The new tandem of B.J. Hill and Larry Ogunjobi and interior defensive line, overall:

Cincinnati swung a masterful trade before final cuts, sending Billy Price to New York for Hill, as a potential boost to an already-deep, albeit somewhat-banged-up defensive line. It appears that a reunion with Lou Anarumo has done wonders for Hill, as he was everywhere on Sunday.

Ogunjobi was one of the best overall players on the field Sunday. He was continuously in the Vikings’ backfield, as he and Hill combined for nine total tackles, three sacks and four tackles for loss. Throw in D.J. Reader’s 75.8 overall PFF grade on the day and the Bengals are fielding a formidable interior.

A couple of young guns at linebacker:

It was a pretty good day for two linebackers who seem to be hitting their stride in their young careers. Germaine Pratt had eight total tackles, including one for loss, as well as the game-changing forced fumble on Dalvin Cook.

Meanwhile, Akeem Davis-Gaither took his preseason momentum and parlayed it into some nice snaps in Week 1. He was particularly sound in coverage, per PFF:

Many members of the secondary:

Vonn Bell, Jessie Bates III, Mike Hilton and Chidobe Awuzie all had solid games against the Vikings on Sunday. We knew the trio of Cook, Adam Thielen and Justin Jefferson would get theirs, and they did to some degrees, but this group was flying all over the place.

Bates and Bell combined for 16 tackles with one for loss, while Awuzie had two passes defended and Hilton notching another tackle for loss. It wasn’t an absolutely perfect day from the group, as evidenced by some big plays being made by the Vikings offense, but they are working well together and haven’t even had the luxury of playing Trae Waynes, yet.

Evan Mc-freaking-Pherson:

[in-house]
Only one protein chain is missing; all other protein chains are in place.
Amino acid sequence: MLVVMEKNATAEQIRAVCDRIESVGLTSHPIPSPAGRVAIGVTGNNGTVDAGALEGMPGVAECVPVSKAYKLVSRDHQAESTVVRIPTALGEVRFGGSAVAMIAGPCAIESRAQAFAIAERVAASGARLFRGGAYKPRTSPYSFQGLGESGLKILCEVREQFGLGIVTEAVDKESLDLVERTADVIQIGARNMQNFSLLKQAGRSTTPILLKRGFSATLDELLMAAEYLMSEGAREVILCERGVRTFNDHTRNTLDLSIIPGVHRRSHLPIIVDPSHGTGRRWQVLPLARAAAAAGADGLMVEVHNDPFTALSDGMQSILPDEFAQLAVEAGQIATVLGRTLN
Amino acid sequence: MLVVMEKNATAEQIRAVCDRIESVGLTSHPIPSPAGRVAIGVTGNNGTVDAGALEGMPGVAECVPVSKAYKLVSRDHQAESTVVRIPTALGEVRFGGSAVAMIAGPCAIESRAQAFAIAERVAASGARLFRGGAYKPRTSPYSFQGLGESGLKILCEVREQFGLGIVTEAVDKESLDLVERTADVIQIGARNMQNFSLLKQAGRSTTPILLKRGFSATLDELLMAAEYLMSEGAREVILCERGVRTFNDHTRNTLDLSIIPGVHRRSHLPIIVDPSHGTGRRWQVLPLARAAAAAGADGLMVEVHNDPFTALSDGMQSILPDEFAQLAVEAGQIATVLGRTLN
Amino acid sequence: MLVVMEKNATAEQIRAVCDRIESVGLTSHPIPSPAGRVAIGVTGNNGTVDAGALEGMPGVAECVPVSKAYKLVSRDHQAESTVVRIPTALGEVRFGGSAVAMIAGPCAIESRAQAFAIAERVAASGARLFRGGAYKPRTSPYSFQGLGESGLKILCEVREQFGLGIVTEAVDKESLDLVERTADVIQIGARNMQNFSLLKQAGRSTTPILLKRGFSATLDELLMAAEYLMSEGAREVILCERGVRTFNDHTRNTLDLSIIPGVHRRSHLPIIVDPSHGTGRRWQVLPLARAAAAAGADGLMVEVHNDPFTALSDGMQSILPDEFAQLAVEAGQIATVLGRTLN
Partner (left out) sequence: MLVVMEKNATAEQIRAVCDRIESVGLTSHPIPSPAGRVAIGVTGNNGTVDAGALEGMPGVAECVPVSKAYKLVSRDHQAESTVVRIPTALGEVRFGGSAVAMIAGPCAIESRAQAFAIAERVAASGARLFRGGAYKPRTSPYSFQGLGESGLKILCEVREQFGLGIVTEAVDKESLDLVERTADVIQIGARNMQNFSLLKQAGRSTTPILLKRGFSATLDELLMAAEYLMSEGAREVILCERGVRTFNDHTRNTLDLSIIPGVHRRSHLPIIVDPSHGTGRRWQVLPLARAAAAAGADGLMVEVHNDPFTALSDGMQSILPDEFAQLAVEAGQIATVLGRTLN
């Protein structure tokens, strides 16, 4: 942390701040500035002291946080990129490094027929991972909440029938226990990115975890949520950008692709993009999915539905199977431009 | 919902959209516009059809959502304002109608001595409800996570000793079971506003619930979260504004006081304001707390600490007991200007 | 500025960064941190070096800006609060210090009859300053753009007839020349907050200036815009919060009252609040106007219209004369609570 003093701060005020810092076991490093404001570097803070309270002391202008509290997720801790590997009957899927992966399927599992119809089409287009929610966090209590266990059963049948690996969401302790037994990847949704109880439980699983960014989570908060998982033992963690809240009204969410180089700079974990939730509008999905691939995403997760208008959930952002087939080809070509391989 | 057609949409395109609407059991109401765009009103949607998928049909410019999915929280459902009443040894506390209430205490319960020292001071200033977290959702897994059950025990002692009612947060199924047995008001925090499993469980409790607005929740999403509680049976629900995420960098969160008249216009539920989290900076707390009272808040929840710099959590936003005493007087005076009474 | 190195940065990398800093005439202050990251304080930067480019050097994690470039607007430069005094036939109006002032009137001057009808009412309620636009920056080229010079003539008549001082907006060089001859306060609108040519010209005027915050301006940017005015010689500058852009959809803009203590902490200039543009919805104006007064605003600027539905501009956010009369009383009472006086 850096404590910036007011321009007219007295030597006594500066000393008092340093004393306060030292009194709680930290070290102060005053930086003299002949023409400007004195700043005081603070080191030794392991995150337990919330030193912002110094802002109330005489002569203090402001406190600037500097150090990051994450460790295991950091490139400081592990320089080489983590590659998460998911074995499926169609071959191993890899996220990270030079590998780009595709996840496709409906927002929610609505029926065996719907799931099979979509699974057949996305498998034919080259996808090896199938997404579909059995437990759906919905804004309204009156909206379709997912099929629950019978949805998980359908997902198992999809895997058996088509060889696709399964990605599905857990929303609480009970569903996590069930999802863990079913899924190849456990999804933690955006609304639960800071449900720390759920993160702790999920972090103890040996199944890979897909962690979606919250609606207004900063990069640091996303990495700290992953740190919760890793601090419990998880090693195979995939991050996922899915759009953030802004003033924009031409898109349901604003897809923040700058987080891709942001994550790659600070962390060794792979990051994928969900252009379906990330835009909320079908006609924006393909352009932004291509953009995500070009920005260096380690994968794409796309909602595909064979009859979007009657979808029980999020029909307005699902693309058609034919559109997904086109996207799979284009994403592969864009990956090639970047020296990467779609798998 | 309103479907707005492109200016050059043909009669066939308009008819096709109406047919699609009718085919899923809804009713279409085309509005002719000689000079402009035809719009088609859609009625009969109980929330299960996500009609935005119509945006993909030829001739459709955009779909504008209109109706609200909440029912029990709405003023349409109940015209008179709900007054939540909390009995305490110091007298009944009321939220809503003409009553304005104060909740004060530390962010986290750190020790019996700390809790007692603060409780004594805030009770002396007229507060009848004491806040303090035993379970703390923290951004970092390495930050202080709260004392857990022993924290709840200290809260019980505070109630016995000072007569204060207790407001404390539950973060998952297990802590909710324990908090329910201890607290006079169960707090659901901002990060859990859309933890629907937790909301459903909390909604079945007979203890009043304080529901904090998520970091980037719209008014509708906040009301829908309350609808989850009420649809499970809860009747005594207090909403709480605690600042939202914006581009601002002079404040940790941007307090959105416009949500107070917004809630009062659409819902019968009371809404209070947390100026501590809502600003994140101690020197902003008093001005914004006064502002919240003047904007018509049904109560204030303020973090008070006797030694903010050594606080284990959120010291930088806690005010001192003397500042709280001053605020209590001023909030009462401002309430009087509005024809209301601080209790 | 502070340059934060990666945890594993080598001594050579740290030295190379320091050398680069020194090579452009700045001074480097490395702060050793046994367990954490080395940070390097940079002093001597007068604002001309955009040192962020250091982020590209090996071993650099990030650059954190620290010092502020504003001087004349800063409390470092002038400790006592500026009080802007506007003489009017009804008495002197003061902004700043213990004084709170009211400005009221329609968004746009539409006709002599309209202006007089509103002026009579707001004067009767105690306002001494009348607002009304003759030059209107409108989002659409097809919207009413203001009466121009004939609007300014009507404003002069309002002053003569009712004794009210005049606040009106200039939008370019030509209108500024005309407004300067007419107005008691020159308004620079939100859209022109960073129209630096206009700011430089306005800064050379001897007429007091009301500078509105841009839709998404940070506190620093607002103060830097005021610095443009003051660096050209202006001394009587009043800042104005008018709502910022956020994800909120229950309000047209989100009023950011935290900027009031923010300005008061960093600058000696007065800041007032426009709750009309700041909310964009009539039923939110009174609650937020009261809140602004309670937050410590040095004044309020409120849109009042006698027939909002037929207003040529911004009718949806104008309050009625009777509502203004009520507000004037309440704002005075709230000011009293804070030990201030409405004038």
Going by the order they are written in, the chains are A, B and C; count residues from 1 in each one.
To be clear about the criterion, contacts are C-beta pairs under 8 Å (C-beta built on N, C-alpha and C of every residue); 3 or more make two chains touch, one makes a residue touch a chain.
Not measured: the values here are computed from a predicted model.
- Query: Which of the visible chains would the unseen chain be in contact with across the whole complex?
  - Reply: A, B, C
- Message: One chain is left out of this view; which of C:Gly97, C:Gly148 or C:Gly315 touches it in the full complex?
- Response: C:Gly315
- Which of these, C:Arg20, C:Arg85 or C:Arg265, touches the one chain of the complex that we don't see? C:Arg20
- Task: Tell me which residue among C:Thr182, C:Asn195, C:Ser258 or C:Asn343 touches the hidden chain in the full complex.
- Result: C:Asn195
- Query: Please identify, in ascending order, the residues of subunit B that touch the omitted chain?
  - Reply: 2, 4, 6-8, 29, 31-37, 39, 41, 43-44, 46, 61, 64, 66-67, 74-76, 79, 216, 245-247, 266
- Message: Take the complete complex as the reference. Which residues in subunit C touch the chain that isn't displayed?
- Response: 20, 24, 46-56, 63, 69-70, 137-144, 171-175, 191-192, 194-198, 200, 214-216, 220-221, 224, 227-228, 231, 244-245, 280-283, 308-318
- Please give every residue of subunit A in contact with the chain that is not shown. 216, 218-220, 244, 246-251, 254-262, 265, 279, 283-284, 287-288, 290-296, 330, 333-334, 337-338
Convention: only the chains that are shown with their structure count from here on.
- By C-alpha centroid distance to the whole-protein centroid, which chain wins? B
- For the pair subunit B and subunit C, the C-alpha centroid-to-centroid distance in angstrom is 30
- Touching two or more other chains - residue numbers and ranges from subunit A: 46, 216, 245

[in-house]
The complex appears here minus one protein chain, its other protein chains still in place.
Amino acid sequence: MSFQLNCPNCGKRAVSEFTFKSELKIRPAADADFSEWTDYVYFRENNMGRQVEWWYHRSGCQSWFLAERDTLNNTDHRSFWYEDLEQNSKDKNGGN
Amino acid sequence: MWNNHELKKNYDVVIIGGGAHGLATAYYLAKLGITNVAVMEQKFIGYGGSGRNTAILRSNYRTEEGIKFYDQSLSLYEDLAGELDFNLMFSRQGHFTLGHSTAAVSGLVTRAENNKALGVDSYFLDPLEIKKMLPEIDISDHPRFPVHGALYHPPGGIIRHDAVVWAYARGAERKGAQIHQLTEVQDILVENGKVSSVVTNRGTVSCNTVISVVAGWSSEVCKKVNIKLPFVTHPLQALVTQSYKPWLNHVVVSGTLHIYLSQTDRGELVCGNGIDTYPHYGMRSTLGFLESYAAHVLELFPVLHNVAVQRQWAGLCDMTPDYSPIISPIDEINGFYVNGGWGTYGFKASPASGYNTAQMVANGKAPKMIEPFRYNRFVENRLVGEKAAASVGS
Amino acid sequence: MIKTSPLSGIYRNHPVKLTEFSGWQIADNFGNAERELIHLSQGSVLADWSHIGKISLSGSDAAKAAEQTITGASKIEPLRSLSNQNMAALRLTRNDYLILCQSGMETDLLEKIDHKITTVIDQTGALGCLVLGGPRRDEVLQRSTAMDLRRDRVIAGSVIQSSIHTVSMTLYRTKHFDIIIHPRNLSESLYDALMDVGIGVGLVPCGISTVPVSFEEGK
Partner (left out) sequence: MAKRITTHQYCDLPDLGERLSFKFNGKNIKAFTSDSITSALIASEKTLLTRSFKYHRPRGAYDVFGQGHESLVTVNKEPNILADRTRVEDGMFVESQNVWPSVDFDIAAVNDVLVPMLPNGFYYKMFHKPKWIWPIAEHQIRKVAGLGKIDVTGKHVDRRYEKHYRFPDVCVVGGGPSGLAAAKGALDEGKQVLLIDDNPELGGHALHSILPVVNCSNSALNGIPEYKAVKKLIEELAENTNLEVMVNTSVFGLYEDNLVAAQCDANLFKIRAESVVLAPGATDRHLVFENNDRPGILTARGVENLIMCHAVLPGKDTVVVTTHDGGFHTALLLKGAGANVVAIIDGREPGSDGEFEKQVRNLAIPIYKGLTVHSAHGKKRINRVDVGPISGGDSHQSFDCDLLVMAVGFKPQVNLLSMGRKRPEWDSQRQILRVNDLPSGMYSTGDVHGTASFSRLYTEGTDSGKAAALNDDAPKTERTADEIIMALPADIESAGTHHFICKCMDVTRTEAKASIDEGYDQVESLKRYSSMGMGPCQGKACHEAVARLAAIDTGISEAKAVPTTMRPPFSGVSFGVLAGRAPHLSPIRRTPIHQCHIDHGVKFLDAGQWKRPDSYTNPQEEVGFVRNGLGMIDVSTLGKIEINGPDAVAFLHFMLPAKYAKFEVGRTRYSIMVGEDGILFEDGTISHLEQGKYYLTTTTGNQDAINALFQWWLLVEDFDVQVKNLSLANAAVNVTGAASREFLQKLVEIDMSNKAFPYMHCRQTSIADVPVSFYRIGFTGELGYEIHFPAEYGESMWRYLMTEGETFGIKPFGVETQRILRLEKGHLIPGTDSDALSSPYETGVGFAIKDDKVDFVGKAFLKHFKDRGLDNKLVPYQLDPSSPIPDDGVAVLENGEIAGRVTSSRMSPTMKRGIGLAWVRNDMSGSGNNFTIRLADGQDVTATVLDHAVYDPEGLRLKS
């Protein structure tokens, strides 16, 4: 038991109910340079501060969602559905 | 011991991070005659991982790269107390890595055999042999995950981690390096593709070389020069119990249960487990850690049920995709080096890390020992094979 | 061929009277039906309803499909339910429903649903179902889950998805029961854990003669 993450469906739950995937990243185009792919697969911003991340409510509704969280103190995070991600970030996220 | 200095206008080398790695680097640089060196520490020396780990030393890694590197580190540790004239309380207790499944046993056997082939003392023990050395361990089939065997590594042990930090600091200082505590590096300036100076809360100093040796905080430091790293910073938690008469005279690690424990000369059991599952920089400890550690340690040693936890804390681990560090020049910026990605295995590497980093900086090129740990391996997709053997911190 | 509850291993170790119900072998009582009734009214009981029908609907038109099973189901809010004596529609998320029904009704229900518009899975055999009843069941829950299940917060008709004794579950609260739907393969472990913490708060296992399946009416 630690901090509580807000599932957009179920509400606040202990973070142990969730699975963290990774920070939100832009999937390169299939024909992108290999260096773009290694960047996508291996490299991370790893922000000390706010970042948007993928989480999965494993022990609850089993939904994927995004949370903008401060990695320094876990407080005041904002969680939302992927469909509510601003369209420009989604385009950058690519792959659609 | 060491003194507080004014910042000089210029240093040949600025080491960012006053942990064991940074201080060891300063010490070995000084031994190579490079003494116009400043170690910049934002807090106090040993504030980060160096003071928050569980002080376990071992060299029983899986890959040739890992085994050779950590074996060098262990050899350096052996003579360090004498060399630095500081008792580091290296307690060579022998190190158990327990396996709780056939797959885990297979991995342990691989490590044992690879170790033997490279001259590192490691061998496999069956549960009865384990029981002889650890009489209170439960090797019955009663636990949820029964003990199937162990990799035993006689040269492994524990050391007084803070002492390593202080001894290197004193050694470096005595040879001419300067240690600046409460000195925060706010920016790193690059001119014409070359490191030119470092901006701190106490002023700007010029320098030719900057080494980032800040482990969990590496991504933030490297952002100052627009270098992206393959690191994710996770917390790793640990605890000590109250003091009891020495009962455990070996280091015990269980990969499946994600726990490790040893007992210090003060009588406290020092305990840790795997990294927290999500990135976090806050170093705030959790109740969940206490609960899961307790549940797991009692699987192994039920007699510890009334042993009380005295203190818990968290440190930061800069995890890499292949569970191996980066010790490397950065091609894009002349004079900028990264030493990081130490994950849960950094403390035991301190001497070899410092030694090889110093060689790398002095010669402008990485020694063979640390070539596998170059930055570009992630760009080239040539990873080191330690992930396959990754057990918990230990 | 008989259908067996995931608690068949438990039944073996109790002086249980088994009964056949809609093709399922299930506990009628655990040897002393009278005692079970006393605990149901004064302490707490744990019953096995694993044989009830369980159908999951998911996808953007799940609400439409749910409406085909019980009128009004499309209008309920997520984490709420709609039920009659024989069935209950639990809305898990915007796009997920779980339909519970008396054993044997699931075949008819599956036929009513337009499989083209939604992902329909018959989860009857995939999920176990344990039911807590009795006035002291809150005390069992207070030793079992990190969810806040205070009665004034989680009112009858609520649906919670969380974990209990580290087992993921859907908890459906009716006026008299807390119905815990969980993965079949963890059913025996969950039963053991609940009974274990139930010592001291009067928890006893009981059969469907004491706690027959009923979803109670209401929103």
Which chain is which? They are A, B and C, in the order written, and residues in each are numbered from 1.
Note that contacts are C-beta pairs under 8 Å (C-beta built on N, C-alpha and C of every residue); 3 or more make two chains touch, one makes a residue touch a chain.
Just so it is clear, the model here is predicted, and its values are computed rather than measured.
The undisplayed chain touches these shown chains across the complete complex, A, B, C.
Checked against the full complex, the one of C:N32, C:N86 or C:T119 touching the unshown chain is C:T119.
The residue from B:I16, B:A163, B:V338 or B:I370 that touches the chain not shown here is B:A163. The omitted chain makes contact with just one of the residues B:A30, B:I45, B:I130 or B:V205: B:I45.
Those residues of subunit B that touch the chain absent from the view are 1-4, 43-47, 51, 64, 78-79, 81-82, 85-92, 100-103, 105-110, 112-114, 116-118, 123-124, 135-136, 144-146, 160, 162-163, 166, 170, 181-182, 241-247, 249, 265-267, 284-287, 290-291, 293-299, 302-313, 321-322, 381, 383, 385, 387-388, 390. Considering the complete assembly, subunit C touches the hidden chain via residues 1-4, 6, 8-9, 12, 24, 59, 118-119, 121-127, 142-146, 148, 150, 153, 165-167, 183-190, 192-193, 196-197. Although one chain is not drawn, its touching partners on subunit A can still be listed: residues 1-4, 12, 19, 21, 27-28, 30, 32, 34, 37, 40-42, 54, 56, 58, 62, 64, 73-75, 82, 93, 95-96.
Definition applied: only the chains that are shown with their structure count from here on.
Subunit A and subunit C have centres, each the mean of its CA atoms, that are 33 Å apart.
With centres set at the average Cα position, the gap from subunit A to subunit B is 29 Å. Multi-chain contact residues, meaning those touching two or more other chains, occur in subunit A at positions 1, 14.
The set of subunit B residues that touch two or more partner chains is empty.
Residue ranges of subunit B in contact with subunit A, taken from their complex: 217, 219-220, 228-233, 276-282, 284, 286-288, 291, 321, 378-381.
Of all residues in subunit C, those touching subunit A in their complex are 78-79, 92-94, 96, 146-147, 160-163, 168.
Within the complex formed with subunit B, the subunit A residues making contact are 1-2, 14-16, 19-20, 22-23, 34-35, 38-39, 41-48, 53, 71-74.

Whether it was in the preseason games or on Sunday, McPherson hasn’t missed a kick as a pro. He was 2-of-2 on Sunday, including a 53-yarder and the game-winning 33-yard attempt, as the gun sounded in overtime. He also hit all three of his extra point attempts.

Chase had an outstanding day and there is potential for a lot of quality snaps from the 2021 draft class, but don’t laugh: McPherson is giving “Uno” a run for his money as the best rookie in the class. And, when watching Justin Tucker on Monday night, it’s hard to not want to compare the two. It’s also an especially satisfying end to this Week 1, as compared to how Week 1 concluded in 2020.

The master of special teams, Darrin Simmons:

His kicker nailed two big kicks, the receiver he likely pounded the table for at final cuts—Stanley Morgan—had a nice downed punt late in the game and his new punt returner had 10.6 yards per his five runbacks. The coach just knows how to put things together within his unit.

Both teams left Paul Brown Stadium healthy:

Regardless of the outcome, you hate to see a game filled with injuries—big or small. Mixon and Higgins left in spurts with cramps and Burrow was limping after taking a sack, but all of them seem to be okay, as do much of the Vikings. It was a small miracle, given five full quarters of play, but nice to see nothing major for either team.

The aggressive Zac Taylor who giveth:

Taylor was an out-of-the-box-thinking kind of hire for the usually-conservative Bengals. His offensive mind, team-building vision and confidence for his young age won Cincinnati’s front office staff over three years ago.